The Internet is replete with tips for parents who want to maintain an outdoor lifestyle with their little ones. And there’s good reason, too. It’s one thing to be told your life will change irreversibly once you have a kid; it’s another thing to perch your kid precariously on a rock at 10,000 feet to change his diapers as wind gusts threaten to blow doo-doo right into your face. So here are 10 more tips to enjoying the outdoors with a tot in tow.
By Contributing Writer Aparna Rajagopal-Durbin, Faculty member and Diversity & Inclusion Manager at the National Outdoor Leadership School (NOLS)
1. Get used to the family tent.
Spend the night in your backyard in a tent (I even got my son to help me stake it out).
2. Use the right kid carrier.
Test out some kid carriers around town for comfort and fit before you commit to schlepping your kid in one up a mountain. We tried three different carriers before settling on the Deuter Kid Carrier II.
3. Don’t be ambitious.
Plan your days for short hikes and plenty of time on either end. Learn from your kid as he stops for hours to admire a rock or a bug—at least he is living in the moment! So why can’t you?
4. Pack animals.
And no, I’m not talking about you (as much as you might feel like a pack animal with a kid on your back). If you’re planning on a multi-day trek, rent pack llamas or pack goats, which can carry your gear while you heft your kid.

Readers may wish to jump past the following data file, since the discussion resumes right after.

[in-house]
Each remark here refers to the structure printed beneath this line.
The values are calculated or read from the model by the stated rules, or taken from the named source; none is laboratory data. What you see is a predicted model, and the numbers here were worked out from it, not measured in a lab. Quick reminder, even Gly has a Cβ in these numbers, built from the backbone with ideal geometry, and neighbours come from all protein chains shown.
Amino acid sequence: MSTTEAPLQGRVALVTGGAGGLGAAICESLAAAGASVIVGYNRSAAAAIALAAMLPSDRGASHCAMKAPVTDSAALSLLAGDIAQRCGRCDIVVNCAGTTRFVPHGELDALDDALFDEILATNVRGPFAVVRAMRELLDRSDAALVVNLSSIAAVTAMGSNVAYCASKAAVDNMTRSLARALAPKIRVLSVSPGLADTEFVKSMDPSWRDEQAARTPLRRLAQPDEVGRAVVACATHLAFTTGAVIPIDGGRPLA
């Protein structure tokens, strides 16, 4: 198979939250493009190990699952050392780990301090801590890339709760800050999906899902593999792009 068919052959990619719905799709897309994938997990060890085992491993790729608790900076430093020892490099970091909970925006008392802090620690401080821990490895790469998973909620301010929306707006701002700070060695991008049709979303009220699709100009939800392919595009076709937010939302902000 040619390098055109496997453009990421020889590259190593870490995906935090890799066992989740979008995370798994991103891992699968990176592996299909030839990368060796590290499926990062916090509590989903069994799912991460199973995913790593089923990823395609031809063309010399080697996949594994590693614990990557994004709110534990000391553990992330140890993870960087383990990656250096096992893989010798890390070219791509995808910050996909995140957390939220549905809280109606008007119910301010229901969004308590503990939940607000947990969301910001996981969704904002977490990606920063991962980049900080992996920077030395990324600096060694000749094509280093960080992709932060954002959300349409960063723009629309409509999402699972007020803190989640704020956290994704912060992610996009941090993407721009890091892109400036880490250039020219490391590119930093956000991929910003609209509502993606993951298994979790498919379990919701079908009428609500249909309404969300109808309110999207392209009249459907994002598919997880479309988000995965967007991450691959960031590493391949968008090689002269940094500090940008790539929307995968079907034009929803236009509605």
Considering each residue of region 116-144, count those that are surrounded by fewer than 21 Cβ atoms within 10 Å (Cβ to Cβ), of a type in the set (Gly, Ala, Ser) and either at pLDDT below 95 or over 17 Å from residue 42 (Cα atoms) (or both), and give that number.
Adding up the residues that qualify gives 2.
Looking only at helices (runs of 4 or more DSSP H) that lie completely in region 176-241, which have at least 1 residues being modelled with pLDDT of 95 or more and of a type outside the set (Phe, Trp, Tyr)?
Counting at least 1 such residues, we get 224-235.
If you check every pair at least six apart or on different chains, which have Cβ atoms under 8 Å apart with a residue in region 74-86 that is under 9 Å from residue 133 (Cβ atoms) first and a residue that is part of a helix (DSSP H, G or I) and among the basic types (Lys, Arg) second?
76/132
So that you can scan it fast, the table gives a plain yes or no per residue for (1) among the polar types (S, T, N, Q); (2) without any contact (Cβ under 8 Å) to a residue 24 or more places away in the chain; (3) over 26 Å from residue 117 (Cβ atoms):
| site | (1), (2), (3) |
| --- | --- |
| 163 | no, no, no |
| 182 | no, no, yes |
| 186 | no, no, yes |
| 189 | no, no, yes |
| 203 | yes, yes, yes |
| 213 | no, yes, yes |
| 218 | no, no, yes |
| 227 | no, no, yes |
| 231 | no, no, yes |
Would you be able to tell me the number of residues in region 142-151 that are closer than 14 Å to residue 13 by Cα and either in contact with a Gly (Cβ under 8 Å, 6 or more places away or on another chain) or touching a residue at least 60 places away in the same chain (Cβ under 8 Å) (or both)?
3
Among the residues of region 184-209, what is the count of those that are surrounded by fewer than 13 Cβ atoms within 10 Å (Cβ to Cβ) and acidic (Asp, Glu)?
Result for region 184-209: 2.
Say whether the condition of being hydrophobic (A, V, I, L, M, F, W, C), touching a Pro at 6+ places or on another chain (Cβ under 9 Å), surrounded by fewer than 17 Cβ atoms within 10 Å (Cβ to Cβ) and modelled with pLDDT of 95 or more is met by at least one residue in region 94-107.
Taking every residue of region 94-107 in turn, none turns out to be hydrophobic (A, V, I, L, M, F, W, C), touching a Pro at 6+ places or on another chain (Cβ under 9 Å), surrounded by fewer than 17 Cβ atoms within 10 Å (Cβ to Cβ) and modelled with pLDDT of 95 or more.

5. Toys and books are key.
I like to end my hiking days sitting on a rock by a river admiring the sublime sunset. My son likes to end his days pushing dirt around in toy dump trucks and going to sleep to his favorite stories. So pack some books and toys, lest your sublime sunset turn into tent tantrums.
6. A cool water bottle helps with hydration.
My husband and I carry either Nalgene bottles or a Camelbak. Boooooring! Find a cool water bottle in bright colors and emblazoned with your child’s favorite cartoon character to encourage him to hydrate.
7. Kids love company.
Adults are useful when it comes to things like carrying you and feeding you and reading you books. But when it comes to throwing rocks in a river or playing with plastic dinosaurs, other kids are more fun. Make family time quality time by traveling in a pack with other families with kids.
8. Stay low.
Alpine cirques are majestic, but depending on their altitude, can be dangerous to your child. Children are more susceptible to altitude-related illnesses, so if you can, stay under 10,000 feet.
9. Bring yummy snacks.
I’m a picky eater in the front country, but when I backpack, food is fuel. Kids are as picky in the backcountry as they are at home, so pack some fun snacks like fruit leathers and animal crackers.
10. Pack an extra layer—your kid’s favorite costume.
I don’t know about you, but “performance” layers on my kid do not necessarily improve his performance. The most technical fleece and down layers might keep him warm, but don’t help him hike any faster. But donning his Batman costume, my son suddenly transforms into a super hero, leaping from rock to rock and flying uphill with the aid of his grappling hook. It’s cheap and lightweight, so pack a costume if your kid is into that thing.